Andrew Jackson and Rachel Donelson got married in 1791. Rachel had recently ended a short and abusive marriage to a man from Kentucky. Unfortunately, they found out that her divorce had not been completed.
Technically, Rachel became both an adulterer and a bigamist, leading to a scandal that continued to haunt Jackson as he advanced in his political career. Nevertheless, he fiercely stood by his wife and defended her character during his presidential campaign. Unfortunately, just weeks before his inauguration, Rachel passed away from a heart attack. The sorrowful event and the public scrutiny she endured ultimately influenced Jackson to take swift political action.
Senator John Eaton, a close friend of Jackson, married the widowed daughter of a Washington innkeeper, Peggy O’Neale, only nine months after her husband had taken his own life. Rumors began to surface that the two had engaged in an affair before the death of O’Neale’s navy husband. After the marriage, Jackson appointed Eaton as Secretary of War. However, the wives of Jackson’s cabinet refused to accept Peggy Eaton.
Floride Calhoun, wife of Vice President John C. Calhoun, led the anti-Peggy coalition. Except for Secretary of State Martin Van Buren, everyone avoided any interaction with Peggy. Even Jackson’s supporters, including his niece Emily Donelson, ignored her. Jackson promptly defended the Eatons because he believed Peggy was going through a similar ordeal that resulted in his wife’s death.
President Jackson sought revenge by targeting Vice President Calhoun. Calhoun and Van Buren had already been vying to become Jackson’s successor, and tensions escalated due to the Peggy Eaton Affair. Demonstrating support for Peggy, Van Buren invited her to his social gatherings, while Jackson believed Calhoun was behind the attacks on the Eatons. In 1831, Van Buren offered to step down to reconcile the cabinet and provide Jackson with a chance to initiate a mass resignation.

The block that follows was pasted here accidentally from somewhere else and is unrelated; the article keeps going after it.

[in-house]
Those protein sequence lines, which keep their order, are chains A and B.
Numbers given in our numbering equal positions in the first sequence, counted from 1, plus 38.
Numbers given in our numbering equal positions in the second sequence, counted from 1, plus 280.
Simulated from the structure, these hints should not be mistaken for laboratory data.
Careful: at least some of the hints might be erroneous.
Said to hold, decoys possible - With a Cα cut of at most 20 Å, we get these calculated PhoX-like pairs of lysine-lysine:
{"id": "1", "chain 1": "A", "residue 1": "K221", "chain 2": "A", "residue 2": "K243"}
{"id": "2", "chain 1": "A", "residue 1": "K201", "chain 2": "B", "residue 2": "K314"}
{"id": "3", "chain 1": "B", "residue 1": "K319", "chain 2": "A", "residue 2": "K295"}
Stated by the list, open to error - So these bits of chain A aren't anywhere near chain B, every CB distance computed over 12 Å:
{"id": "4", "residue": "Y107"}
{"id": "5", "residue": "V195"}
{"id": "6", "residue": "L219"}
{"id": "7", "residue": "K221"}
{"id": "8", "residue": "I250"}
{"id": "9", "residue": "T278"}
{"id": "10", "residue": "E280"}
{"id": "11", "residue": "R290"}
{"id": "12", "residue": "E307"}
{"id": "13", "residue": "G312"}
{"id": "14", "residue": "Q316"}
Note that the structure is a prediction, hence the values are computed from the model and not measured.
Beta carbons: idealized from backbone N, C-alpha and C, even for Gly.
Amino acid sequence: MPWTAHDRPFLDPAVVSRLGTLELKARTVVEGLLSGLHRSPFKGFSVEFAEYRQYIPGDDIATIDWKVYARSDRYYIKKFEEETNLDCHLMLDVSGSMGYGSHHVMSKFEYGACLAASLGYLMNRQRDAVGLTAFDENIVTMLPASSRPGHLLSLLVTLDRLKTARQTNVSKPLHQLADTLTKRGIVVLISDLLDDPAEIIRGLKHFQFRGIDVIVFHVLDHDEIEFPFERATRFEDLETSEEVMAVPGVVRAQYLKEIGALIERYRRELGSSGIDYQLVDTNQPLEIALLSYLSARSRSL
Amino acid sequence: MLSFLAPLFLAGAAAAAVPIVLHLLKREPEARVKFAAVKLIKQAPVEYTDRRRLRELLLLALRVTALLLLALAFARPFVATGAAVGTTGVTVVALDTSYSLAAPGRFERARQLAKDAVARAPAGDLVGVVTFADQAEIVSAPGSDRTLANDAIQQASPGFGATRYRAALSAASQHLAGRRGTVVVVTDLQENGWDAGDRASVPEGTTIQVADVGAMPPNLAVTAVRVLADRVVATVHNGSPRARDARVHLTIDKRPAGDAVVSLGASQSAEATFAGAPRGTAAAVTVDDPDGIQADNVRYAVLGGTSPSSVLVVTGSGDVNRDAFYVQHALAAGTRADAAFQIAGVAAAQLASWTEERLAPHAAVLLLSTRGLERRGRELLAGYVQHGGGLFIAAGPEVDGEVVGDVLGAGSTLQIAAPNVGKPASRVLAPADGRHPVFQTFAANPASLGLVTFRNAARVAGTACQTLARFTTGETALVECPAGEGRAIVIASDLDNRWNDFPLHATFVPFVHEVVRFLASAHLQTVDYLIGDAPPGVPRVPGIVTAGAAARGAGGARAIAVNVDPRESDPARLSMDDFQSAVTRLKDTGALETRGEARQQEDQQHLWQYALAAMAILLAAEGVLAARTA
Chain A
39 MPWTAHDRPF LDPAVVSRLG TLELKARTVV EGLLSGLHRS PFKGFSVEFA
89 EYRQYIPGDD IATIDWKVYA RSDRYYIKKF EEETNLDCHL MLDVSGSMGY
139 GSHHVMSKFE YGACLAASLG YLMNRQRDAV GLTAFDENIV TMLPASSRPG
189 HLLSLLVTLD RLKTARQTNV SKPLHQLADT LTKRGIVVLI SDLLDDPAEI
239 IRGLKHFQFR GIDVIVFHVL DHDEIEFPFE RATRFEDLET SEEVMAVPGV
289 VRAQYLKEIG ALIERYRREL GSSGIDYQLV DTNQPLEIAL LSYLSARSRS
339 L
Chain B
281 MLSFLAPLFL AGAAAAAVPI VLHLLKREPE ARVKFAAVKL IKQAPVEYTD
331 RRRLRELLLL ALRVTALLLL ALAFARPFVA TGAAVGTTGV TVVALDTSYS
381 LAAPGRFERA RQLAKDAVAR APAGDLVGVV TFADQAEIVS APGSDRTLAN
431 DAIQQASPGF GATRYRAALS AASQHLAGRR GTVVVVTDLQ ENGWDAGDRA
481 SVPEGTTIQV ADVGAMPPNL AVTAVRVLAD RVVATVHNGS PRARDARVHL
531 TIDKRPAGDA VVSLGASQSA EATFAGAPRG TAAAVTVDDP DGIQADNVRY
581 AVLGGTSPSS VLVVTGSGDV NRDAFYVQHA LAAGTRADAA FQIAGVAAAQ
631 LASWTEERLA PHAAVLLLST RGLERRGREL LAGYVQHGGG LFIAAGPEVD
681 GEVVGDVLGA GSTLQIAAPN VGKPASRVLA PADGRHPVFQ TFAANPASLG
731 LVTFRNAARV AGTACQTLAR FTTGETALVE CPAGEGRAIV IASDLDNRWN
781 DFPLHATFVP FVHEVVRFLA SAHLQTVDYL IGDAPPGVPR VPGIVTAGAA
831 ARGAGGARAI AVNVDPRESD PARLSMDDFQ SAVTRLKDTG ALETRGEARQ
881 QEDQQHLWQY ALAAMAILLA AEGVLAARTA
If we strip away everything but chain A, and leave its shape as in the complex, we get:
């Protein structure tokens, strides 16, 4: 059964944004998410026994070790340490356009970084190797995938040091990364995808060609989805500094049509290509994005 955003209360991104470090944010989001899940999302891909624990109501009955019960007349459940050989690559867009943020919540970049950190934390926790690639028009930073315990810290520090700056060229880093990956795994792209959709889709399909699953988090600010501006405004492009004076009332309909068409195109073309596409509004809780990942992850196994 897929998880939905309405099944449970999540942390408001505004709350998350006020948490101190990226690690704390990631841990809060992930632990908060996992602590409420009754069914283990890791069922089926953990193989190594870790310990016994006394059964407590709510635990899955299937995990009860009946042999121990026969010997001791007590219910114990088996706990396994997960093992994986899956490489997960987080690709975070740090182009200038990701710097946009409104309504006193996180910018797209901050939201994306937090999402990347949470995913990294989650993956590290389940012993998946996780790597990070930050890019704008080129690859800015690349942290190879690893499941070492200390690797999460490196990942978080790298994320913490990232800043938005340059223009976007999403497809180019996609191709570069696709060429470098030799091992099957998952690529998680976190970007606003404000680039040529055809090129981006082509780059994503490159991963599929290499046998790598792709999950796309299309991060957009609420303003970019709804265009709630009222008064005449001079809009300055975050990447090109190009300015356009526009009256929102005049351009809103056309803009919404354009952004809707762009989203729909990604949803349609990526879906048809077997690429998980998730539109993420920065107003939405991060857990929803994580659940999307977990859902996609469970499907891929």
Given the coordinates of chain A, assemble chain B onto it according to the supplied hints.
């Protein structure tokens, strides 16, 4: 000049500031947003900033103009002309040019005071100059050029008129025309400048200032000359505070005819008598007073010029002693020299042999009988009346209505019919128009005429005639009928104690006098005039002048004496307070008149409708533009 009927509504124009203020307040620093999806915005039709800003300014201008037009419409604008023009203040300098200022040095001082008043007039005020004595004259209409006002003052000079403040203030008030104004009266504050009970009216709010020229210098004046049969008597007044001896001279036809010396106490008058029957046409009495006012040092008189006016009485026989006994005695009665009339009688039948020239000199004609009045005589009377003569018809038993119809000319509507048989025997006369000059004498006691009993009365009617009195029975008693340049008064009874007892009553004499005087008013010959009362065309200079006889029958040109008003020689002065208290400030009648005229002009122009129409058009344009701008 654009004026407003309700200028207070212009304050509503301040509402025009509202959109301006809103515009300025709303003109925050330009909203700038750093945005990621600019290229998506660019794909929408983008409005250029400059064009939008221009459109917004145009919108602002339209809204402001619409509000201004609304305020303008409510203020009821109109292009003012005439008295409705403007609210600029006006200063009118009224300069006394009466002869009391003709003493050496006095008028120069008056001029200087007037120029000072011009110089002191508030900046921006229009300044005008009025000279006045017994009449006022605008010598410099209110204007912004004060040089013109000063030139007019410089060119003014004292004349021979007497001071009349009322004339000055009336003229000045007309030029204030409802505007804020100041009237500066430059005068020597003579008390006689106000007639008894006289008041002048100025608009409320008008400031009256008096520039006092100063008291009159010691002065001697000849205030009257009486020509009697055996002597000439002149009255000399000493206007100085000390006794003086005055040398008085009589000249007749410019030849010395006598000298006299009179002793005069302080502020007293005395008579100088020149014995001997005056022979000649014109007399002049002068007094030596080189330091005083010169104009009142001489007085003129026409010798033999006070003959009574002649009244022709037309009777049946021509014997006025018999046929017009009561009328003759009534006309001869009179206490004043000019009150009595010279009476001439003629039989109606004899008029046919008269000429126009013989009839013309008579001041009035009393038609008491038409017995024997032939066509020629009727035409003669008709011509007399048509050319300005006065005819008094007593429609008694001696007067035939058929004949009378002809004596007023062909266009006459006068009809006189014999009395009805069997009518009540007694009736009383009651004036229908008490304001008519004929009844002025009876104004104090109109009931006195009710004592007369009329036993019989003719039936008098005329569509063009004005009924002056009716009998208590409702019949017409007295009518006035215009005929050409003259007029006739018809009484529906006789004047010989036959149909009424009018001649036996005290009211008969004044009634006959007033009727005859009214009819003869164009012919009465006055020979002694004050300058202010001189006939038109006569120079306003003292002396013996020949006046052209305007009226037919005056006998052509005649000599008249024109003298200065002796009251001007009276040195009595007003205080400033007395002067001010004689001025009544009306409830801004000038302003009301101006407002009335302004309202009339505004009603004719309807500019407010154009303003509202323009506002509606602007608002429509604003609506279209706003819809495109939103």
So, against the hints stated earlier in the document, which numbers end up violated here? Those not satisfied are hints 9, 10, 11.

Four cabinet members, including John Eaton, voluntarily resigned, shedding light on Andrew Jackson’s controversial decision-making in this unprecedented event in Presidential history. Essentially, Jackson, driven by the desire to avenge his wife’s death, felt compelled to defend Peggy Eaton. Rather than focusing on the nation’s affairs, Jackson promoted scandal within his cabinet and warned that any member who refused to include Peggy in their social functions would be fired.
As a consequence of the scandal, Jackson completely rearranged his cabinet and positioned Martin Van Buren for political advancement. In 1832, Van Buren succeeded Calhoun as Jackson’s Vice President, and in 1837, he won the presidential election. President Jackson handled the Peggy Eaton affair in a reprehensible and self-centered manner. It was not his responsibility to coerce Mrs. Eaton.
While pretending to rely on the support of other cabinet wives, Eaton actually used this as a cover to eliminate those who disagreed with him from his own cabinet.